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CIELO. Photo: mycielo.org
CIELO. Photo: mycielo.org

Getting Los Angeles’ Indigenous communities the help they need amid COVID-19

CIELO, founded by two grassroots organizers is aiding with everything from translation to unemployment funds.

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An Indigenous women led non-profit organization, known as Comunidades Indígenas en Liderazgo (CIELO) is working to address the issues brought by coronavirus and migration for Indigenous communities residing in L.A. 

Founded by Zapotec grassroots organizers Janet Martinez and Odilia Romero, CIELO advocates for the basic human rights of Indigenous workers and families.

A 2018 estimate by the Migration Policy Institute found that some 20 million self-identified Latinx immigrants have made their way to the United States. 

Within these migrant communities, there are more than 78 distinct Indigenous groups in Mexico alone, and more than 350 in South America. However, they are often neglected, and their cultures are erased and lumped together by prejudice when coming to the U.S.

Romero told Vogue that there is a lot of racism towards Indigenous people, even within the Latinx community. With more than 500 languages spoken, effective communication is also a major challenge within the larger group.

“When we come here not speaking English or Spanish, not knowing the system, and we end up at a hospital or court of law, we’re given a Spanish-English interpreter. However, those interpreters are usually not aware of our language diversity,” she said. 

The pandemic has only made things worse.

The disasters they face now go beyond just public health and economics, as the lack of communication rears its head again, but about safety protocols.. 

Many undocumented Indigenous people who worked in several industries also lost their incomes and had limited access to relief efforts, as those funds often rely on documentation.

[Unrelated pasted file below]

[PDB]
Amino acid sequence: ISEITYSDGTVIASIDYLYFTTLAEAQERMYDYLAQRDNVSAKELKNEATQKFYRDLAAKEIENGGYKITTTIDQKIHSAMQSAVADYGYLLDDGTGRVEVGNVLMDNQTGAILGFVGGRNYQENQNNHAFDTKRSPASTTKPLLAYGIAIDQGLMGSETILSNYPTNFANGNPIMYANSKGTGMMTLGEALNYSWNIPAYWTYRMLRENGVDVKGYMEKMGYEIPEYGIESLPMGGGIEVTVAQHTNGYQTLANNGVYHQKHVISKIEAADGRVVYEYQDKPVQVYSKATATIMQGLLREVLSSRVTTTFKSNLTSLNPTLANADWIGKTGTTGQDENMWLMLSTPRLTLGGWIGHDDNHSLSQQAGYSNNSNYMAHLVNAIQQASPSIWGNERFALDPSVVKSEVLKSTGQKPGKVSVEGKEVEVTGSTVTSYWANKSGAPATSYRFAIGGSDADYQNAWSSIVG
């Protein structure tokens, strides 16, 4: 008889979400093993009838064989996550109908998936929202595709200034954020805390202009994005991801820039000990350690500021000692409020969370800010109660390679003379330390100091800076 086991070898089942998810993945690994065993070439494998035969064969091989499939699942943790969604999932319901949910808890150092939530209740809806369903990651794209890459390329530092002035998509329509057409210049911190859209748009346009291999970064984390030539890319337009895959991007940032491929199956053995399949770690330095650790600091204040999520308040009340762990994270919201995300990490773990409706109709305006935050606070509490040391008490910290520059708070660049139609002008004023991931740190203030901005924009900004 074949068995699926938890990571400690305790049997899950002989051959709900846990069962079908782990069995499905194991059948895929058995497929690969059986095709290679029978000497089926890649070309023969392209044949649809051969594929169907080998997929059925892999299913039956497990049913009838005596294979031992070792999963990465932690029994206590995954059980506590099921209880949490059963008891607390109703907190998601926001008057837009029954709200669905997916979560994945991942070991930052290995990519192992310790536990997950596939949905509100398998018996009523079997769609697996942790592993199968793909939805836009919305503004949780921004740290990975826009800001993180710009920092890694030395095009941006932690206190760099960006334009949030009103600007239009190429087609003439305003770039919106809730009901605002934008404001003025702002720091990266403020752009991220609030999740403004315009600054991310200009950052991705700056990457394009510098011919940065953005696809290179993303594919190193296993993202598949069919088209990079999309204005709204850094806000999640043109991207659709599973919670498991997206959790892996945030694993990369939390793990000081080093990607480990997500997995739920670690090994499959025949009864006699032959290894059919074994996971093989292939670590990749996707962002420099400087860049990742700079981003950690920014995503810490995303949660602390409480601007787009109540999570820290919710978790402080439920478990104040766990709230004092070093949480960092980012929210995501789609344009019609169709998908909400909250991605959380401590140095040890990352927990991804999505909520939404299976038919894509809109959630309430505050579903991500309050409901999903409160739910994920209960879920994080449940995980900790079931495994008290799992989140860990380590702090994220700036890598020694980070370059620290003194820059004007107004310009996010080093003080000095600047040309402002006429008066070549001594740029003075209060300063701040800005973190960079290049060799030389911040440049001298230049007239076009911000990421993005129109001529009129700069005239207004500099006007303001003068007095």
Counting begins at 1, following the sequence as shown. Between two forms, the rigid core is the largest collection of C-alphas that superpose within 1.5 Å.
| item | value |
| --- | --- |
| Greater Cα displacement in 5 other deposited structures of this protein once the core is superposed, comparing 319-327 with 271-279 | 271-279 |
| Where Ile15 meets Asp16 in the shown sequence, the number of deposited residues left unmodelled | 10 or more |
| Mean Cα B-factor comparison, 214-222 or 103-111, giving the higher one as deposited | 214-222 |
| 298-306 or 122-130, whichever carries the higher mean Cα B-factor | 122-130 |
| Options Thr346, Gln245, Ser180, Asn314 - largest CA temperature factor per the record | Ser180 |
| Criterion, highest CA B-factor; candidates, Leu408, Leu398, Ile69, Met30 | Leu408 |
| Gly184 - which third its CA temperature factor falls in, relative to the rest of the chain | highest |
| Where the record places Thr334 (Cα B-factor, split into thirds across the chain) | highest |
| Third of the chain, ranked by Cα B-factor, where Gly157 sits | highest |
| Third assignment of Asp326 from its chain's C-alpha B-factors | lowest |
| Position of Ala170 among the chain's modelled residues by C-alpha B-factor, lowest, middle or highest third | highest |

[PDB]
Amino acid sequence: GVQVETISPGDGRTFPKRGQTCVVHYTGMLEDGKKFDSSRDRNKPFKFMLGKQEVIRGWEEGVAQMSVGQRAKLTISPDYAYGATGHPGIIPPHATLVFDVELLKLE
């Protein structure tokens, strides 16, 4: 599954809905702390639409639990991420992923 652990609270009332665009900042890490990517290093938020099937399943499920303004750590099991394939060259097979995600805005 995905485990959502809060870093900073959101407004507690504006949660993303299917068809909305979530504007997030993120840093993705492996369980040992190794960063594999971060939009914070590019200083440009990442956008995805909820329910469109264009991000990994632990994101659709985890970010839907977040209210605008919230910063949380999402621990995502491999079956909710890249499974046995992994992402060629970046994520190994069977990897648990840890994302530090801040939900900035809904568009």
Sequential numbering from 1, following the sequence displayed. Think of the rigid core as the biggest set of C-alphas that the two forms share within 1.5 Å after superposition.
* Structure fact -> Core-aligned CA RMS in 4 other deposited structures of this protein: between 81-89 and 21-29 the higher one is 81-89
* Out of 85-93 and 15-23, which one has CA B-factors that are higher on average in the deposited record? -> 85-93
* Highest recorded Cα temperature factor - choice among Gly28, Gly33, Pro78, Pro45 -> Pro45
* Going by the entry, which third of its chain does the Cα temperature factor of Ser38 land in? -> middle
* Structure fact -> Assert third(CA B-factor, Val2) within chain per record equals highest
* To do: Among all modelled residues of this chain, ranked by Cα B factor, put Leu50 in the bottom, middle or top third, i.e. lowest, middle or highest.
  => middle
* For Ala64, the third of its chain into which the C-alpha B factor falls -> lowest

Martinez explained that CIELO started receiving a lot of calls about people needing resources after restaurants shut down. They applied for a $10,000 grant from the Seventh Generation Fund, and with that money they were able to provide $400 per family. 

Just over half-a-million of the money the organization has raised has already been put into "the hands of Zapotec, Mixe, Chinanteco, Chatinos, Quiches, Kanjobales, Akatekos, Maya Yucateco, Mam, Chontal Akatecos, Amuzgos, Nahuatl, and Totonacas," according to Martinez.

CIELO’s work has also helped Indigenous-language speakers adapt to COVID-19. People didn’t have knowledge about what type of masks to use because there was no information provided in their languages. 

“Since COVD-10, we’ve developed a video series, translated in several Indigenous languages, to contextualize the virus for our communities,” said Martinez. “We felt it was important to develop this message in video and audio formats because a lot of the people who speak these languages transmit them orally. You can’t necessarily always write things and assume that people will be able to read it.” 

Juan Ramos, a 32-year-old K’iche’ speaker from Guatemala, could not find a job after he lost work as a busboy at two restaurants. He’s lived in L.A for more than a decade and has always sent money back home to his parents, ranging from $100 to $300. But after losing his jobs, he didn’t think he could send even $50. 

Ramos shared a video from CIELO explaining the pandemic in K’iche’ with his cousin who doesn’t speak Spanish or English very well. 

“After we showed him the video and explained in K’iche’, he understood better, Ramos told the L.A Times. “He took more precautions. He started keeping his distance.” 

Language access is a human right and just one of the many ways CIELO is helping its Indigenous communities. But it has made a world of difference, especially during a public health crisis. 
 

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